Kevin Ratcliffe has recalled the moment he realised the influence of being an Everton captain.
The legendary centre-half, crowned an Everton Giant in 2003, is the Blues' most successful ever skipper.
But despite becoming the man to lift both domestic and European trophies in an era laden with silverware, Ratcliffe has revealed it was an emotive event off the field earlier in his Everton career that helped the significance of the armband hit home.
Speaking to evertontv as part of our Captains Week series, he said: “I can remember years ago I went to a hospital over in Birkenhead with Mick Lyons, who was captain, and Peter Reid. There was a lad who was in a car crash and was in a coma and he hadn’t had a reaction.
“As soon as Mick went in the reaction that this lad had was absolutely unbelievable and I’ve never seen anything like that. His head was moving from side to side because he knew who Mick Lyons was, but he didn’t know who his mum and dad were.
"That was sad - but that’s the impact that a captain had on this patient, and this is what you have got to realise [as captain], that you have an impact on people. Sometimes you don’t see it because you are taking everything in your stride and you’ve got to realise to some people you are very special.”
Phil Jagielka is to be the next person to fill that sizable role, with new boss Roberto Martinez stating his intention to stick with the election made by David Moyes prior to his departure.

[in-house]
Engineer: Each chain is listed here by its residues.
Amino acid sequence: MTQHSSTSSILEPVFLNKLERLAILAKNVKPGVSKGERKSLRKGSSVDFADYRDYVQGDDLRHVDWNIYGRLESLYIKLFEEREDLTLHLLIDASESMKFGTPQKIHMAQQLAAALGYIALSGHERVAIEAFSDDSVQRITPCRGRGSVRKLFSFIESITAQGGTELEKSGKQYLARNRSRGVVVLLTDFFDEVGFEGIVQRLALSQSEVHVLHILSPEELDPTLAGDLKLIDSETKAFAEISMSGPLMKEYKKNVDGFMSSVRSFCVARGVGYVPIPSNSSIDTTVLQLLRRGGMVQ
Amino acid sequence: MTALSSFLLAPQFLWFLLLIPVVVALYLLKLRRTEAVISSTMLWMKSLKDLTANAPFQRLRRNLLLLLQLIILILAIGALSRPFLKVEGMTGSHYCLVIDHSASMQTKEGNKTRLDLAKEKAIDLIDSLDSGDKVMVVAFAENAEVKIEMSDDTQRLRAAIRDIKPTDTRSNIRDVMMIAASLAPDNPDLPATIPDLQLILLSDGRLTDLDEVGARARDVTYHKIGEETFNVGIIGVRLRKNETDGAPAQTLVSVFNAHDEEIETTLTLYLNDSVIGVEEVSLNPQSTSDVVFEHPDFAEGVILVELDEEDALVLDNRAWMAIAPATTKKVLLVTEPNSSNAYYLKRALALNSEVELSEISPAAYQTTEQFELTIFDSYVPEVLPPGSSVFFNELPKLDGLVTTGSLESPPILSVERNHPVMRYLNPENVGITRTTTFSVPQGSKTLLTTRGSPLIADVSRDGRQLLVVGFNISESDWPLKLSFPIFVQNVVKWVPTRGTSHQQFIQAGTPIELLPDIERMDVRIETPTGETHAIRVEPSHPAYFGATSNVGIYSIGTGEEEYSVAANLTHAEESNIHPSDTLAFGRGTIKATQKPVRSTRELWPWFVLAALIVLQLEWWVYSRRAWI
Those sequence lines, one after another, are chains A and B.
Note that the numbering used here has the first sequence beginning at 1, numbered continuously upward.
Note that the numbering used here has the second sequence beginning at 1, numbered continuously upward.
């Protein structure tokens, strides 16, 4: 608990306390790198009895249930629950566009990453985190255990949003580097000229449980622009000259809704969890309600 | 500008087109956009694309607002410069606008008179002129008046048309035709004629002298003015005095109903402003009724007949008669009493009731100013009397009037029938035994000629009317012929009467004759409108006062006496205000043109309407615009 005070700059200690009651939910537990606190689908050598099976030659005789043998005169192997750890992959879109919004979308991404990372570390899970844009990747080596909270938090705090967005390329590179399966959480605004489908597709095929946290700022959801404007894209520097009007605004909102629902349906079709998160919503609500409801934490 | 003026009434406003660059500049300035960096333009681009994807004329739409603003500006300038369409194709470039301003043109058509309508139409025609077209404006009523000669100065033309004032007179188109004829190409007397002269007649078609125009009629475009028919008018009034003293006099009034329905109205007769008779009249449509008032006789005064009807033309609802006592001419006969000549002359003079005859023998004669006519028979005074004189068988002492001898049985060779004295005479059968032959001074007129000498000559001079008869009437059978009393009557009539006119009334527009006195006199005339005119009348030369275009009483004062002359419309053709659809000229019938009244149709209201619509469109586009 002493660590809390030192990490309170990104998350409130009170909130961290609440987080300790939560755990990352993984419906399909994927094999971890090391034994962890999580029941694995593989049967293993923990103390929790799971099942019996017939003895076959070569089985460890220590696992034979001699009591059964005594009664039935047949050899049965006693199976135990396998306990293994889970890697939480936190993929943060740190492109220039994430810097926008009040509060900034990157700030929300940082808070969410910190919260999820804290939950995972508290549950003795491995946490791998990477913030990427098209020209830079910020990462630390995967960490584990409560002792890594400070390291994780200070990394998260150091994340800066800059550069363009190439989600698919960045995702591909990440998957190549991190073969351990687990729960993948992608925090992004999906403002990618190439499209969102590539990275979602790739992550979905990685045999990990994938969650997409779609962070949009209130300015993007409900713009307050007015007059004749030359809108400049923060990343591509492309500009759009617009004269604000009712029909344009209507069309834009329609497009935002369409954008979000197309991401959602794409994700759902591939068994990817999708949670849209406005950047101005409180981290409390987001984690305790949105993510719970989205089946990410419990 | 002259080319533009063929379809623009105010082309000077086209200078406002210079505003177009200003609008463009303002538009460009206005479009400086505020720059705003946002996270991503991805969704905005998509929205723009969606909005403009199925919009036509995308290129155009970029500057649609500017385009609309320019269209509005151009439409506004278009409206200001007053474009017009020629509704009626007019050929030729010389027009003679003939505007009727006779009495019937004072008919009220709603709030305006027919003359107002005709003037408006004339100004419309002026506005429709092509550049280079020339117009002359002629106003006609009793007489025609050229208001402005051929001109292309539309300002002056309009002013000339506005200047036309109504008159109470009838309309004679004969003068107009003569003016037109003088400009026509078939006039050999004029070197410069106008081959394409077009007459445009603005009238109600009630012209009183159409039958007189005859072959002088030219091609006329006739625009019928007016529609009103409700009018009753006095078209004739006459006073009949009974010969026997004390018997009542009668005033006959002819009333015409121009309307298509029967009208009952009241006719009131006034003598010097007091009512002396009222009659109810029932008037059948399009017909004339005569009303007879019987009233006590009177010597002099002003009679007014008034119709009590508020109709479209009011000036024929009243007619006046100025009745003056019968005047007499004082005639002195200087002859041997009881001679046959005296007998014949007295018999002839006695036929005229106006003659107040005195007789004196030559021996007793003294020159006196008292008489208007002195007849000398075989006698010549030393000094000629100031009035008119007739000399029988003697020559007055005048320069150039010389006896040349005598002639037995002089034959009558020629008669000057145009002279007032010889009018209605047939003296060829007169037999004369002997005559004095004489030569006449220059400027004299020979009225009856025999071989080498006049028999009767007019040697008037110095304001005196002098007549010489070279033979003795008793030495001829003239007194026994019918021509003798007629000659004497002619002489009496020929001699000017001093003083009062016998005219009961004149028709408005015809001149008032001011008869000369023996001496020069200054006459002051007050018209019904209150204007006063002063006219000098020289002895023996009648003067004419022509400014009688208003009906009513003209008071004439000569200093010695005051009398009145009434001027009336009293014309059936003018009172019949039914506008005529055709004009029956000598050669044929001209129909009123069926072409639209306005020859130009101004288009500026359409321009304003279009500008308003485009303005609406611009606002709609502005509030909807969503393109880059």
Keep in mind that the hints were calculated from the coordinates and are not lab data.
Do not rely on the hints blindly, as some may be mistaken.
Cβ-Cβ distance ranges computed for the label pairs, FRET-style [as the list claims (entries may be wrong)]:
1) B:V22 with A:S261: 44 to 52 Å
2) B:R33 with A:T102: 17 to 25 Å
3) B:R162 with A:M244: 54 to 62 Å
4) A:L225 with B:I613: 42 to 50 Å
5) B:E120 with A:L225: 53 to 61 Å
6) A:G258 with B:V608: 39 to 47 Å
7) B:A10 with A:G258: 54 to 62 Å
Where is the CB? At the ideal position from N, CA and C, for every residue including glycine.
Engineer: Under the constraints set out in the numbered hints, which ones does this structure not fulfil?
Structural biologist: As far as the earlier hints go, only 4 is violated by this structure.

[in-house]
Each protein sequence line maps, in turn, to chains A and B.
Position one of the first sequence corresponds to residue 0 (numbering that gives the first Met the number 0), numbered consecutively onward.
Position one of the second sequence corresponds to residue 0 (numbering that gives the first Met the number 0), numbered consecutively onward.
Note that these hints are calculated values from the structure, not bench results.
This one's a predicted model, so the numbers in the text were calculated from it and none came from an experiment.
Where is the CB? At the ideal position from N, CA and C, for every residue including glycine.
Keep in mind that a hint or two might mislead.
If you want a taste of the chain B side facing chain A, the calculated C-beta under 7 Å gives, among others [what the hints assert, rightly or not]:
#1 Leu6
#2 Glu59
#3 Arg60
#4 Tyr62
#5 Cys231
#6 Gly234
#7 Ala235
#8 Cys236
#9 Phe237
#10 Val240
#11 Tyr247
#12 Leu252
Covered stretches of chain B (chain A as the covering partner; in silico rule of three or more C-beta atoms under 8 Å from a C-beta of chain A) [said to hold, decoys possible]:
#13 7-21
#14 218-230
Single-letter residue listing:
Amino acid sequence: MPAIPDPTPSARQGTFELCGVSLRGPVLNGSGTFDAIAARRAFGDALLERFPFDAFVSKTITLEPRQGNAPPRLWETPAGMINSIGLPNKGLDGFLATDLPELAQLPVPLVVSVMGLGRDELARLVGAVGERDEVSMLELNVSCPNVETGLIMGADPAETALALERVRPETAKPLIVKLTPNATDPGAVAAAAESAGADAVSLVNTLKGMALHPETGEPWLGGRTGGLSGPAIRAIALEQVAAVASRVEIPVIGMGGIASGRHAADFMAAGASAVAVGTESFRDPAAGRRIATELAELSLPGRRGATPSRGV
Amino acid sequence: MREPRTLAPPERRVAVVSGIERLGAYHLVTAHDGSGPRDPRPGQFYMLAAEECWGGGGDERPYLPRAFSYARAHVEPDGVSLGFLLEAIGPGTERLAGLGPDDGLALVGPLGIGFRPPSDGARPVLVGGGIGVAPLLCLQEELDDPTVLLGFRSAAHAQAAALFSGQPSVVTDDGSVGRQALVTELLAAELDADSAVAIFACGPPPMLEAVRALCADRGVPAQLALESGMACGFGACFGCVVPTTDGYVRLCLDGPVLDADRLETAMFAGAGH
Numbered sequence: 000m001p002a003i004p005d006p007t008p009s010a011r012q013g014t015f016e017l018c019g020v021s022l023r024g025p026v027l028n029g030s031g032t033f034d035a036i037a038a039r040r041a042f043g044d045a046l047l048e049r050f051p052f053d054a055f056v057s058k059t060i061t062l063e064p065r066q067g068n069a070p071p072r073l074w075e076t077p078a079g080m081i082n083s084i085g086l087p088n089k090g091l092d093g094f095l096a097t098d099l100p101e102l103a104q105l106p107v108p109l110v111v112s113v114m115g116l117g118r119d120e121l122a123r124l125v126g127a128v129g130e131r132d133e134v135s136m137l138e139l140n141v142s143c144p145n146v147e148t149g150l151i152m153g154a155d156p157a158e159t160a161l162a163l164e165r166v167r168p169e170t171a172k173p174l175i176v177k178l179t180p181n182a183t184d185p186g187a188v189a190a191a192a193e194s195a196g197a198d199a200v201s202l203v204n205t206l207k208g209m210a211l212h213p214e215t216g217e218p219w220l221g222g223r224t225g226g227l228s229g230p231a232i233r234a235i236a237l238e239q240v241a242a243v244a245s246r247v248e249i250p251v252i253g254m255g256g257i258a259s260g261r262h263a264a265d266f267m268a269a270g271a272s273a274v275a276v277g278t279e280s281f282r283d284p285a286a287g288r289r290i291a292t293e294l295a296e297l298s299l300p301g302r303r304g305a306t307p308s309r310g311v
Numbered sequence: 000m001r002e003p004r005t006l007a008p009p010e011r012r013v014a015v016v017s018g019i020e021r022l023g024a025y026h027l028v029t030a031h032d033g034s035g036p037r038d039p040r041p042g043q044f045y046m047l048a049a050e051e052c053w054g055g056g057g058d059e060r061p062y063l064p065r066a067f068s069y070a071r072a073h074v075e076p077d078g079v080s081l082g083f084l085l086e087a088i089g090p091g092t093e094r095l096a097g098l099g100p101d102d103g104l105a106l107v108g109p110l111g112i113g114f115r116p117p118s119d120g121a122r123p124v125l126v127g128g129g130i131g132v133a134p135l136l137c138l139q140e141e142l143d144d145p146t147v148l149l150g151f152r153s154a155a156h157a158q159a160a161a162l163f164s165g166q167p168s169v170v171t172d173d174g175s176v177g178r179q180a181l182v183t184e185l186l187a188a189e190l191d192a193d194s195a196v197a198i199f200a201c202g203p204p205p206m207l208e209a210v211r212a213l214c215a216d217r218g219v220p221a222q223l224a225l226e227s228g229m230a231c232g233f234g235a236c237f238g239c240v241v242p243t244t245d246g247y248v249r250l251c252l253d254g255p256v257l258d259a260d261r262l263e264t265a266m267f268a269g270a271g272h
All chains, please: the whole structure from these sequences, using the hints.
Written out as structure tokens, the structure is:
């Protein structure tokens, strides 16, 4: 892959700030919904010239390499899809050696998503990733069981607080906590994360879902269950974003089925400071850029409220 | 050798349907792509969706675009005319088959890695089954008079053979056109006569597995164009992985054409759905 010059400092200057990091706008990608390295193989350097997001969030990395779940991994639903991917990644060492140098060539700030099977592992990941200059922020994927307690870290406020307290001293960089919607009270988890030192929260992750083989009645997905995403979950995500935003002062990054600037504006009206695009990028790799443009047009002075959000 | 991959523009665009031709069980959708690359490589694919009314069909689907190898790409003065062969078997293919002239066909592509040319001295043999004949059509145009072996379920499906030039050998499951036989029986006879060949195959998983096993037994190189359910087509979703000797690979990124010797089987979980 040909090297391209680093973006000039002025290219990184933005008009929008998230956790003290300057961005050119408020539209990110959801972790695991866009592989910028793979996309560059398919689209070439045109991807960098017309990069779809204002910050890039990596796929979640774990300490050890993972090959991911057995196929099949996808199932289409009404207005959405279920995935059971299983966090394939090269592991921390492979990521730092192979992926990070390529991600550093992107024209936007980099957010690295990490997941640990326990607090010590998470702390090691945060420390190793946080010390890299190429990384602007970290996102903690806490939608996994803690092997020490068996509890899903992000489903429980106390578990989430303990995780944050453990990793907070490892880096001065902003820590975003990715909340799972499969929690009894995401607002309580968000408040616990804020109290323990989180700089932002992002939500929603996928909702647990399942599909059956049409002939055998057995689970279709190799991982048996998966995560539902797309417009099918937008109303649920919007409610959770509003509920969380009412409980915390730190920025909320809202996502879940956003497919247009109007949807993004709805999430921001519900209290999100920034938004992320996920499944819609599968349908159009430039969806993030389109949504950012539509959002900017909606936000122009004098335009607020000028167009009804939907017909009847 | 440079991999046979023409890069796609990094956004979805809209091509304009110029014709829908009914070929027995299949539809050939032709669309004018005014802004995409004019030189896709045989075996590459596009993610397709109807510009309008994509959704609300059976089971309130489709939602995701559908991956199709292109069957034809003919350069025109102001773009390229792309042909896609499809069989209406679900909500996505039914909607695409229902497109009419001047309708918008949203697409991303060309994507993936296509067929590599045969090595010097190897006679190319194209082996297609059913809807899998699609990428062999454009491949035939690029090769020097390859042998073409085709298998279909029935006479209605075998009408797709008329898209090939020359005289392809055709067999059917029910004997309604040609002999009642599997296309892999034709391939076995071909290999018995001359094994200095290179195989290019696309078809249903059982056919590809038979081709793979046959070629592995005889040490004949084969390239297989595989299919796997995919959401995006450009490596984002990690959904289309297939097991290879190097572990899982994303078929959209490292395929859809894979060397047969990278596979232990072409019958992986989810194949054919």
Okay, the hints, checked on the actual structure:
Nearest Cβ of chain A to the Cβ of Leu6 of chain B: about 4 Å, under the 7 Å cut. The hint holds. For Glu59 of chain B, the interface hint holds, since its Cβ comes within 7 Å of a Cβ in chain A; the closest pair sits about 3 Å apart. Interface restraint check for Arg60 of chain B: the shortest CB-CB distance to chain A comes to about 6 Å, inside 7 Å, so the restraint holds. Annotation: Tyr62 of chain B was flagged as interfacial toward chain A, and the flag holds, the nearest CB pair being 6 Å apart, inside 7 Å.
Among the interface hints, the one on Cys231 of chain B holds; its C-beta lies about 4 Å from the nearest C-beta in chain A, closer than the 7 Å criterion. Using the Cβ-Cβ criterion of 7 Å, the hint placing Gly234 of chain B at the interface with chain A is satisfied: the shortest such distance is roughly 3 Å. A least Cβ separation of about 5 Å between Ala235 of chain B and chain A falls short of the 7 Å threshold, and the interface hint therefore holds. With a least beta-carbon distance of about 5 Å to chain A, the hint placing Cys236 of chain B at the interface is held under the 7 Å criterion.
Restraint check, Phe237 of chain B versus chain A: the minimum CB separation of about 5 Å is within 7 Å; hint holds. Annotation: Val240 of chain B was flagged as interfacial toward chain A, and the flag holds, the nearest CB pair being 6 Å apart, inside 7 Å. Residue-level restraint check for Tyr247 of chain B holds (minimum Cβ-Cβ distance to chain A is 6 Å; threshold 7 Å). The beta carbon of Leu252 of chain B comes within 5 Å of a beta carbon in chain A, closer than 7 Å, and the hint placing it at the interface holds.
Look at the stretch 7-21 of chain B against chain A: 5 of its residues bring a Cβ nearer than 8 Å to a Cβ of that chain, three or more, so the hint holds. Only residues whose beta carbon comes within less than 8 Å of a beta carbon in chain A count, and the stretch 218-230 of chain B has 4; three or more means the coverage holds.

And from a former captain's point of view, it's the perfect choice.
Ratcliffe continued: “You look through the side and you look at who has been consistent over the years. Jags knows what it’s about and he’s been there six years so he knows enough about the Club, he knows what Phil Neville was like and what it takes to be a captain, so I don’t think it will be a big step for him.
“He was probably ready for that job a few years before but obviously Phil [Neville] was there. There won’t be a lot that he needs to change in himself because it’s been instilled in him whilst he’s been at the football club.
"He will have his own ideas but he won’t have much to do other than carry on with the way things are going. Jags is one of the ones who will talk on the field and when I’ve been to games he’s one of the ones who is vocal.”
Jagielka becomes the latest in a long line of Blues defenders to wear the armband - and there's logic to the trend according to Ratcliffe.
“You see everything from the back," he explained. "A striker always has his back to play and doesn’t see everything. A goalkeeper is too far away to influence anything as they can’t influence a striker as they won’t be able to hear him from 50 or 60 yards away.
"Maybe a central midfielder could get away with it, but I wouldn’t think any other position.
“If you look back at the likes of Tony Adams, John Terry, Terry Butcher, you’ve got [Nemanja] Vidic at Manchester United and [Rio] Ferdinand as well - the list just goes on. Centre-backs, I’d say, usually make the best captains.”